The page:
Dave McKienze and I made the finals in the NVL in Cincinnati, Ohio in 2012 and we both had a great time there. I committed to the NVL full-time last year in 2015. I really enjoyed the personal family environment that the NVL offered. It is a very supportive group and it is a ton of fun. I keep thinking back to that Cincinnati tournament. After the games ended, we played co-ed Ace and did laps in the lazy river as the sun set and it reminded me what I love so much about the sport.
What advice would you give to athletes who’ve also had a late start in the sport?
Play as much as possible and play against the best possible players. In Michigan, it capped out at a certain level of play. There are only a few high level players. If you’ve never passed a sky ball from Carambula, you will probably get totally embarrassed on your first few attempts. If you’ve never teed off against Dalhausser’s block, he’ll likely put you in the closet. In California, if you are good, you may get the opportunity to play against the best players in beach volleyball.
Be open to playing with different guys and don’t be afraid to pick up the phone to ask people to train with you. I maintain the courts at my house, supply lines and antennae and bring the balls if people want to come here to train. It is easy for me to do and it is more efficient. Additionally, I am playing with new faces all the time.
My other advice would be, if you’re trying to play for money, set up some income streams on the side before you commit to hitting the road. It is no secret that it is tough to make money in this sport right now. Set up some sort of entrepreneurial plan to keep yourself afloat. I see some younger players trying to make a career funded on credit cars and that can be really stressful.
That is some great advice. Your son Logan will be lucky to receive that insight as he grows as a person and as an an athlete. Tell us more about Logan and the work/life balance!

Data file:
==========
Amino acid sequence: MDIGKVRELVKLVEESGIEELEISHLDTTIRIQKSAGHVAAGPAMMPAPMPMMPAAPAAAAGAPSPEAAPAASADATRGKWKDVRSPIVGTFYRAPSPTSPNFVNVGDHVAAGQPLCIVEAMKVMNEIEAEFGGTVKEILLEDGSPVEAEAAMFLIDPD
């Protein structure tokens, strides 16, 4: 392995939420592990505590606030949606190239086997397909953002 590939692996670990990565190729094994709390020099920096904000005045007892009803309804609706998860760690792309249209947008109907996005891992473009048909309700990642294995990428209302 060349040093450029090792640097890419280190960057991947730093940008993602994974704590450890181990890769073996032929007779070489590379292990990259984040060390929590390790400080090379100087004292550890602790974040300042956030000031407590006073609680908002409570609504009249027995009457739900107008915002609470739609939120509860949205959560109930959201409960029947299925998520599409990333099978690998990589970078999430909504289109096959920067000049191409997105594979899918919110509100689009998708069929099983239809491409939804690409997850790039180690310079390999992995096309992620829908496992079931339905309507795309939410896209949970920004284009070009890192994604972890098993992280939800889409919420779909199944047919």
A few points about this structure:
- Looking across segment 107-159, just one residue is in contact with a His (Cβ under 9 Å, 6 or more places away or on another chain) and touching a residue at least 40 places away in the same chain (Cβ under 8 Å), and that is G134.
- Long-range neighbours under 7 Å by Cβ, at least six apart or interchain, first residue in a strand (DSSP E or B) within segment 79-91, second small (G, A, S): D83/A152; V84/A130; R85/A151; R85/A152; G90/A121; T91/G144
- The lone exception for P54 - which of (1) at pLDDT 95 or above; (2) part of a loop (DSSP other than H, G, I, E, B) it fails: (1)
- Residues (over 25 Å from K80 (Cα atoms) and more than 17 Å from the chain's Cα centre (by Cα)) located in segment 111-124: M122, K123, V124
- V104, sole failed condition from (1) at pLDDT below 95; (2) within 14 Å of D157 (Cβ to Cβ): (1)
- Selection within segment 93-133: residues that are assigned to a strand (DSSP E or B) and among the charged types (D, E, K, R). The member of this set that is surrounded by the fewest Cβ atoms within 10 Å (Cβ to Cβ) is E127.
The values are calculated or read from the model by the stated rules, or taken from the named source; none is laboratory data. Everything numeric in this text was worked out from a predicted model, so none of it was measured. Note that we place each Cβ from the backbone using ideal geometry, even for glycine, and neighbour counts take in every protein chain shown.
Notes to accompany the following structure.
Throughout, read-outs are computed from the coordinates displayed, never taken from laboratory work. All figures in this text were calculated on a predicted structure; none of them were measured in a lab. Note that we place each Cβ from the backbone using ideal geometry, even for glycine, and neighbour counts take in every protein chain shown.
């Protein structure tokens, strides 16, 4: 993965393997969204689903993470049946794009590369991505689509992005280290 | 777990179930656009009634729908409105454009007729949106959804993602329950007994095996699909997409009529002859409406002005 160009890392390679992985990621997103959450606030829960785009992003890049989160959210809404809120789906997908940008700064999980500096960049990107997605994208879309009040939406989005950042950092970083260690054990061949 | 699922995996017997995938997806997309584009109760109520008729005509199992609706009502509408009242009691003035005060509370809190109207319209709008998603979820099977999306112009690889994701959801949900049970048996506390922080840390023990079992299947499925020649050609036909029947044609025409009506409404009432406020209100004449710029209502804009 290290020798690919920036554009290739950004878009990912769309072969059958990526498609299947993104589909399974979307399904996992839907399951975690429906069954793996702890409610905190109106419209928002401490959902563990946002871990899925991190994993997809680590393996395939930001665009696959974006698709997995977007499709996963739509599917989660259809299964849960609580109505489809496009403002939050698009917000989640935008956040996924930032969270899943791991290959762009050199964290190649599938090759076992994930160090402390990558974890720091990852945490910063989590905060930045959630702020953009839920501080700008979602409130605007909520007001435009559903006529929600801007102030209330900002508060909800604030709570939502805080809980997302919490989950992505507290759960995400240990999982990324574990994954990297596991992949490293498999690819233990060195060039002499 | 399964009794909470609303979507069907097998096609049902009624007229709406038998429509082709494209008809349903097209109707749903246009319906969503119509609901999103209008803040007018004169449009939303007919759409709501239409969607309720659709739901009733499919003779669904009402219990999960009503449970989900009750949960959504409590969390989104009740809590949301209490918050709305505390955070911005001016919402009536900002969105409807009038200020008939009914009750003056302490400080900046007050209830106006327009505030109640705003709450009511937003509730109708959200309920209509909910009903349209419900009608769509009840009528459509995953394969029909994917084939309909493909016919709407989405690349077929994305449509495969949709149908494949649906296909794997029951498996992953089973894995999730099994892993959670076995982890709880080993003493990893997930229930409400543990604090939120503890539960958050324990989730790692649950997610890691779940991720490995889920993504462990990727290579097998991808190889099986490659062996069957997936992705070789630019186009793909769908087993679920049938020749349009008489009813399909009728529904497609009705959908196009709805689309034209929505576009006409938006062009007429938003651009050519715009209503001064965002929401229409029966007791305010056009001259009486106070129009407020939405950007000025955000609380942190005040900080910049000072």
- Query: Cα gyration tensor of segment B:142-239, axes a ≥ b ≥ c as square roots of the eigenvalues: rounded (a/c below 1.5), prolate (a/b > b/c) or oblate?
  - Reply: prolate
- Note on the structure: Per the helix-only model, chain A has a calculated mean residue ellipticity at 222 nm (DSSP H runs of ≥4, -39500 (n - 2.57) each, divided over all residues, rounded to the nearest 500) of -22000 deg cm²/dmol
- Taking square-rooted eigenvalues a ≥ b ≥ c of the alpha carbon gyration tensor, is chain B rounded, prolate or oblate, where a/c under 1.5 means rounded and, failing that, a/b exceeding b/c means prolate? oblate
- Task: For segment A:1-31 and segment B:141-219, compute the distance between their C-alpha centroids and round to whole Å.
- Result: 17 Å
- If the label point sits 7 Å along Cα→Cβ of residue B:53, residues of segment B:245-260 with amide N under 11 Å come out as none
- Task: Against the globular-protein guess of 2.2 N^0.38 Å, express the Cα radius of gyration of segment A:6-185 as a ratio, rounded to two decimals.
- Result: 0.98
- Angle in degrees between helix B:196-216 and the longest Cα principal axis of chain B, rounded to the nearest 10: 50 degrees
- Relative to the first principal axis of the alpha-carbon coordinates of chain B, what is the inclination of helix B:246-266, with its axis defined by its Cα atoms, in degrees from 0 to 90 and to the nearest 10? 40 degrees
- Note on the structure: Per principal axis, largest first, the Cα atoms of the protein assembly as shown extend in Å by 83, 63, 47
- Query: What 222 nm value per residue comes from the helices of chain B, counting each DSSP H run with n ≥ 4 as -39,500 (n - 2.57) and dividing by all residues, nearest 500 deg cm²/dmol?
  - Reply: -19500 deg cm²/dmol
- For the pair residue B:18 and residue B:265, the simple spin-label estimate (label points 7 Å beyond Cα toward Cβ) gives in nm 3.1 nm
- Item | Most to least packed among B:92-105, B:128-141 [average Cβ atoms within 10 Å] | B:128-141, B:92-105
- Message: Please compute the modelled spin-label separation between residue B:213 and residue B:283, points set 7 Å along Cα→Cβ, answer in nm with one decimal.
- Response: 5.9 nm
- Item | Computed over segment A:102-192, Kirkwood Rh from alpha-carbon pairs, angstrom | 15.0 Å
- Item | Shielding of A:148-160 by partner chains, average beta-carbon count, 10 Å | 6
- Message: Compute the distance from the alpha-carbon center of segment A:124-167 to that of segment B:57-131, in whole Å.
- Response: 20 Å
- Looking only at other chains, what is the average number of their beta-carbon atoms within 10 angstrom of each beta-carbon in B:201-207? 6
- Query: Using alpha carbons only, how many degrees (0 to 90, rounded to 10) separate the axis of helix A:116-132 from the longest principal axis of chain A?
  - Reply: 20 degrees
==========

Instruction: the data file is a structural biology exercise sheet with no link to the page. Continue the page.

Logan is great. He is nine-years-old and played in his first volleyball tournament this year. Work/life/son/volleyball balance has its challenges but I have a good time with it. I enjoy the busy schedule and it is fun having someone near all of the things that you like to do. It gives you some good insight into how to live your life. He will be in Hermosa cheering me on.
What are a few valuable lessons you’ve learned from Logan?
Kids do things perfectly when they are very young; posture, walking, breathing, emotional expression, etc. When you sit at a desk all day, things change. I’ve learned how to be a little more raw and natural from him. When he is angry, happy, frustrated or experiencing love, you see his pure emotions right on his face and in his demeanor. He has helped me to be a little more in touch with my emotions. The biggest lesson he has provided me is to experience emotions, be present with them, enjoy them and move on.
What should we expect to see at NVL Hermosa?
I will be playing with Drew Mallin. We started playing together at the NVL San Antonio, but found our stride in Columbus, finishing third. We are going back to the basics. Whenqualified for my first pro event, that was built on tough jump serves. I would get 203 aces or points that stemmed from a tough serve. When you serve hard, you can get more blocks and digs. We are going to be bringing fire and energy hopefully dominating my home beach!